I’m continually impressed by the post-1.0 management of Rust. Releases have been like clockwork, priorities seem sensible, and the changes continue to be significant, with the core team taking an appropriately long view on commonly requested features (tail call optimization, higher-kinded polymorphism).
As the kind of person who still tries to write POSIX shell scripts and feels that C is practically the only acceptable language if you want what you’re writing to last, Rust is doing it’s damnedest to convince me there might be another option in the future.
It has been pretty cool to watch Rust mature over time. (Although, I’m sure more experienced developers would say the same thing about C/gcc in the early days.) I don’t even write all that much Rust code, but I always read the release notes and blog posts.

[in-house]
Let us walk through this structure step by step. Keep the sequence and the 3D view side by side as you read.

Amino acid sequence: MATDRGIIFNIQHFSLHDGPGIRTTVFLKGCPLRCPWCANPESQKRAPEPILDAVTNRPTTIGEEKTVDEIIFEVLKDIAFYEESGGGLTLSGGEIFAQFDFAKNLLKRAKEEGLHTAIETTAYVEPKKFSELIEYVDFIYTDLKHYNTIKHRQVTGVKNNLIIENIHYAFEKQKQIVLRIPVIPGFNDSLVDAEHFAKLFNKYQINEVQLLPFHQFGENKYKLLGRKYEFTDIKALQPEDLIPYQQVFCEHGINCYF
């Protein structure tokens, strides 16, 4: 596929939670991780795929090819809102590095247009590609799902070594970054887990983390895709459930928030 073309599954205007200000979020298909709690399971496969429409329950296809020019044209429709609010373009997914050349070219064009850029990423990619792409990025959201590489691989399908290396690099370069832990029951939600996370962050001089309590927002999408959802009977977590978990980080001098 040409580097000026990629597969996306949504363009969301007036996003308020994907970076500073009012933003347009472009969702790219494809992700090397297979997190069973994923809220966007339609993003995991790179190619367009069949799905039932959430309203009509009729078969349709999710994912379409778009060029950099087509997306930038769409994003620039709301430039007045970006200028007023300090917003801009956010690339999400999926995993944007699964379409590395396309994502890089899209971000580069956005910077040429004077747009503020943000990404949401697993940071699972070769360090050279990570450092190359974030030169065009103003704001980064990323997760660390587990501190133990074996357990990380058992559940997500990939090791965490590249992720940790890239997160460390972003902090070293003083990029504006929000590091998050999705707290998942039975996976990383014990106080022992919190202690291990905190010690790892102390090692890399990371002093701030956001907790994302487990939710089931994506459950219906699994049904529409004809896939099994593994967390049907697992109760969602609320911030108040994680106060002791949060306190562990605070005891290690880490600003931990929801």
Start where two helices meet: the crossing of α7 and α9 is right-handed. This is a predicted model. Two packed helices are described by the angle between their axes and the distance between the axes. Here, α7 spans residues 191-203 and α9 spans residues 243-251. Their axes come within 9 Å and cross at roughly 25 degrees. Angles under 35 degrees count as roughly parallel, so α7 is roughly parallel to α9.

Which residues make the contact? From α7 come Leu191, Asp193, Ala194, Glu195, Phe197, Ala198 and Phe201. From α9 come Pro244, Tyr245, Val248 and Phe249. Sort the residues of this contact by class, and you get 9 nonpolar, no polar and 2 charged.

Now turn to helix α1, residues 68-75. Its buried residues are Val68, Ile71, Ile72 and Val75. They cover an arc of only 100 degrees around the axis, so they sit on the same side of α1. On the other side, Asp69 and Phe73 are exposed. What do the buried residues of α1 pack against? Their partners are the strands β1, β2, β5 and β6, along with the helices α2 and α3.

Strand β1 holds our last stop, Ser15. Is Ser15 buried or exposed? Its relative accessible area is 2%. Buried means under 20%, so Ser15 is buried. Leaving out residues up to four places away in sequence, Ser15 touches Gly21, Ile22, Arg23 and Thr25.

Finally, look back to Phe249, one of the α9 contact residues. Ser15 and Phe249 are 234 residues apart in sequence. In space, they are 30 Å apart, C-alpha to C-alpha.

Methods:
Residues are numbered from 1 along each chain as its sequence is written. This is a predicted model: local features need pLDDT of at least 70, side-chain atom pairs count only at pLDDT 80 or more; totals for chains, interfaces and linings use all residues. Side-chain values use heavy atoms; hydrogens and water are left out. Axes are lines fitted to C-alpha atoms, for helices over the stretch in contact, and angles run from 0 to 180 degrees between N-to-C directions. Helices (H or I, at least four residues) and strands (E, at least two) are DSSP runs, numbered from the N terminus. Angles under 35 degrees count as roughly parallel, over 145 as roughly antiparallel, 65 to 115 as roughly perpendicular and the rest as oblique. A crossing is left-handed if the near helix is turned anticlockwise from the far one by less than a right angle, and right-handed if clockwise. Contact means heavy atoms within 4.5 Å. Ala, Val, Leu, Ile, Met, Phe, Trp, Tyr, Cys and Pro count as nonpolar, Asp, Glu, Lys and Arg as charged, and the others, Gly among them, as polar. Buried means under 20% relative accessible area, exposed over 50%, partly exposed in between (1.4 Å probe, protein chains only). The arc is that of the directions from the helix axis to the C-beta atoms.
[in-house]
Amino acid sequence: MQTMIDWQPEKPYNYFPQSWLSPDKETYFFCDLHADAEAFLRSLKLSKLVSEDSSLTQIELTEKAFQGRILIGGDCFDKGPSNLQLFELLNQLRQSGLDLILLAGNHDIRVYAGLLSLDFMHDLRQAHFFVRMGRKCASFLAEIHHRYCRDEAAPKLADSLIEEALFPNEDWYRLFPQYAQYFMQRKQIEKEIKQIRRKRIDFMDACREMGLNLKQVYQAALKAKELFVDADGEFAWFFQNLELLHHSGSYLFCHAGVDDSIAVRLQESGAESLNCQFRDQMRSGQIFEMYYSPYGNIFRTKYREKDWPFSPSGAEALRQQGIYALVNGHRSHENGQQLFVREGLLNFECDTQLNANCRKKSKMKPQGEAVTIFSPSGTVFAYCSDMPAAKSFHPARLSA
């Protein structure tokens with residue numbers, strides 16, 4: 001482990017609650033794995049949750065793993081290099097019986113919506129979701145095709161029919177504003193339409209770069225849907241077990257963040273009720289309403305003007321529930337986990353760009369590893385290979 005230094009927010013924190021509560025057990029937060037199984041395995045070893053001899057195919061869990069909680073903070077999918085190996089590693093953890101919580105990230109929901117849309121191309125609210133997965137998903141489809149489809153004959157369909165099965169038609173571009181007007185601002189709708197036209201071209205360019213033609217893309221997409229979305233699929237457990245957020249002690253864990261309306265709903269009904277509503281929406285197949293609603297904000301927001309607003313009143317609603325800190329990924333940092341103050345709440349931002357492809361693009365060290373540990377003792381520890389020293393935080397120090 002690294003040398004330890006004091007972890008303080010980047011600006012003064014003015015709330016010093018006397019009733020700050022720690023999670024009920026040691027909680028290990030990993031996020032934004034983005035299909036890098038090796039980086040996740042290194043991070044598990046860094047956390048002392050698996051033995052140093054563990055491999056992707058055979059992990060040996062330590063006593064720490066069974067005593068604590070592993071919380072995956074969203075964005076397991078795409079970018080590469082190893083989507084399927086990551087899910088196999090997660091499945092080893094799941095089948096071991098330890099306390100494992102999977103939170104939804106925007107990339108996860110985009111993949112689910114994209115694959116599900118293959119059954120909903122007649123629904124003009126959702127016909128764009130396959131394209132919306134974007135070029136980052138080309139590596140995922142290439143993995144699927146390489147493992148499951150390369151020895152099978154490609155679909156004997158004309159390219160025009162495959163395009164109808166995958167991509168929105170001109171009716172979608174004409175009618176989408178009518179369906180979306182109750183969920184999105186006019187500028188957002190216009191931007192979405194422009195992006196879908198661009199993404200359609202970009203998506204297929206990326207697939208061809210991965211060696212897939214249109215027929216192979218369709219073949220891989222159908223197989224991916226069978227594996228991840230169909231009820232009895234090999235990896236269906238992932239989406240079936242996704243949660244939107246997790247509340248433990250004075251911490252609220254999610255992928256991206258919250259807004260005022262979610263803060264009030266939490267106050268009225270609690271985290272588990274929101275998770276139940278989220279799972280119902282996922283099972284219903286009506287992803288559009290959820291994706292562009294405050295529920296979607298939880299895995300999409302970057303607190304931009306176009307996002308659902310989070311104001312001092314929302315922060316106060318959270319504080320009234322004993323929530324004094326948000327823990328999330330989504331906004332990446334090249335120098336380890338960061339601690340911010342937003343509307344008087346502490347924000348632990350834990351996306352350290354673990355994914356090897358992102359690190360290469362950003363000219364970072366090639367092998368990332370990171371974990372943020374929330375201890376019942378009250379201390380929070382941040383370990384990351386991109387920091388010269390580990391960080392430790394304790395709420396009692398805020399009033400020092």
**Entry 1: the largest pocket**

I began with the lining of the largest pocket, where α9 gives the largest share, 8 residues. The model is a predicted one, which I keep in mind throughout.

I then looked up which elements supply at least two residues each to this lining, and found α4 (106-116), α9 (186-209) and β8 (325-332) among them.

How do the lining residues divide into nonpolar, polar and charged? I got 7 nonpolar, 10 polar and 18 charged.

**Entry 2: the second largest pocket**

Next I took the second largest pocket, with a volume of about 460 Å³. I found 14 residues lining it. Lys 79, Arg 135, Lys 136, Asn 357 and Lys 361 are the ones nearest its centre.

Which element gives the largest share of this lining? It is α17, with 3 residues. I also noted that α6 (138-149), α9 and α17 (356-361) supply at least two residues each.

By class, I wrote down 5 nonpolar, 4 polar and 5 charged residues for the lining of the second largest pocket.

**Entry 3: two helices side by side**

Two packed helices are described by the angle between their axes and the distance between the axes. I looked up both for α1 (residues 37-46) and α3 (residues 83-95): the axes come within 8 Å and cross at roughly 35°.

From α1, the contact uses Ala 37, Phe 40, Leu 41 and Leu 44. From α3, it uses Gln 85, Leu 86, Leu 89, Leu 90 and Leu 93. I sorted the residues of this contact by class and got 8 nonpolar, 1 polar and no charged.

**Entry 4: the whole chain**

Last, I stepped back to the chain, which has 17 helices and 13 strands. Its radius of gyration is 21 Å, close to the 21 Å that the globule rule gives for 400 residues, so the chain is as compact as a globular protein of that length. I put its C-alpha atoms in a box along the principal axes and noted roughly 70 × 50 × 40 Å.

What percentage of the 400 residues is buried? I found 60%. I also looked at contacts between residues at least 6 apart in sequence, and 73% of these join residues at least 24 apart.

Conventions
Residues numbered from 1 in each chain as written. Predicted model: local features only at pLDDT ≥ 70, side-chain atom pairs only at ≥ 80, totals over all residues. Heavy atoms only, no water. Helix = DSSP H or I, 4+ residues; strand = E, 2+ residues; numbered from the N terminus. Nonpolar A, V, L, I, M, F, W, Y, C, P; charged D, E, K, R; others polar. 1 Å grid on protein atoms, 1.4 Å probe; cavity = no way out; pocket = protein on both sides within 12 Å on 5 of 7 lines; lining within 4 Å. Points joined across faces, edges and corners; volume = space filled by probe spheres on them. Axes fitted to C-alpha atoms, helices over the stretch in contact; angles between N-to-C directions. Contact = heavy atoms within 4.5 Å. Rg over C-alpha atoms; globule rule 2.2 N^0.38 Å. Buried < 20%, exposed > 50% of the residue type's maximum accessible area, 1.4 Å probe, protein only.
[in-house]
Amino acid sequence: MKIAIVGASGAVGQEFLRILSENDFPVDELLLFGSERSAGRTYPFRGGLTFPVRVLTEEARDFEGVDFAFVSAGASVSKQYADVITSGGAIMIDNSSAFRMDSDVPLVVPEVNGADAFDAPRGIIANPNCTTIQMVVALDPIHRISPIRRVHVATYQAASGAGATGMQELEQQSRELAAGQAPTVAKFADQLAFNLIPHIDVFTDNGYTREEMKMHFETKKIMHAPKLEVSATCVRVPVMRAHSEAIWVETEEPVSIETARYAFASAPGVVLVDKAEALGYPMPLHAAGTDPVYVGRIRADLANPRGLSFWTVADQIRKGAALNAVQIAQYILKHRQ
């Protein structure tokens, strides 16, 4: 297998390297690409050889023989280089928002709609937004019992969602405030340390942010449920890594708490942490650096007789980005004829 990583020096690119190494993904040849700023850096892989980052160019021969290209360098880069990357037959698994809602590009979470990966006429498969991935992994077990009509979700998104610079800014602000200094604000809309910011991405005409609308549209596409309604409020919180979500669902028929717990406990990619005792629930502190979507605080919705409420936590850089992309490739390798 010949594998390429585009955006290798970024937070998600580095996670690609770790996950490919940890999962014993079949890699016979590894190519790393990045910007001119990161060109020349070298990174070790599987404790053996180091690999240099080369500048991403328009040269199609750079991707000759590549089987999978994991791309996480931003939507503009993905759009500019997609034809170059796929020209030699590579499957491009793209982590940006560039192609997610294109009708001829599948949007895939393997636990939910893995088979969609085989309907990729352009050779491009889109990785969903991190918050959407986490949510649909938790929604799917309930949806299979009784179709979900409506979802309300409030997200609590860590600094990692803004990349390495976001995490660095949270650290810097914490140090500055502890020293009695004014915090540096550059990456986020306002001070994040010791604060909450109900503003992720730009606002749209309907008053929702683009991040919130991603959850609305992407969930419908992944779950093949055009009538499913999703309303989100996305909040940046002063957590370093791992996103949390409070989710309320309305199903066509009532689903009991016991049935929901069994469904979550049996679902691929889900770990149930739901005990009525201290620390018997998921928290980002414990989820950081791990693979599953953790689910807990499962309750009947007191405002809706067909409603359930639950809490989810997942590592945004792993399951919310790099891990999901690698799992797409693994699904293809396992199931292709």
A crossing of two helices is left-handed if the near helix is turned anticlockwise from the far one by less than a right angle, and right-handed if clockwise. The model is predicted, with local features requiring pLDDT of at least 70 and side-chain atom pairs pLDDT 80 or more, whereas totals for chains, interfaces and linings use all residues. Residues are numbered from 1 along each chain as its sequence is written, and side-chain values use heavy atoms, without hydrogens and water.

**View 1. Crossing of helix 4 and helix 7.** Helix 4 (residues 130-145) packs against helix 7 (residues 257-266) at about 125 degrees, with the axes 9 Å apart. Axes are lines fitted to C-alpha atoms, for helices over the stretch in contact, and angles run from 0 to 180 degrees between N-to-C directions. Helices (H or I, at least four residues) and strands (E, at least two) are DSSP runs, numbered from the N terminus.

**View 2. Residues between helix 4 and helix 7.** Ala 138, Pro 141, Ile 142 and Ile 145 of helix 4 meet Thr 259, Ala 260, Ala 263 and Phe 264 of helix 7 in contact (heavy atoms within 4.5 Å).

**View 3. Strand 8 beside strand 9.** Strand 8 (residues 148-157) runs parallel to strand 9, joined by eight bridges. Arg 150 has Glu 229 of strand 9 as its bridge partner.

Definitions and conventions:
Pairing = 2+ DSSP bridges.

This is a huge development for Rust, and it’s been in the works for a while. It’s not quite done yet, but it’s so exciting to think about the variety of things that become possible or easier with the introduction of MIR (some of which are directly mentioned in the blog post). A big thanks to the Rust team for fantastic continued work on making the language better!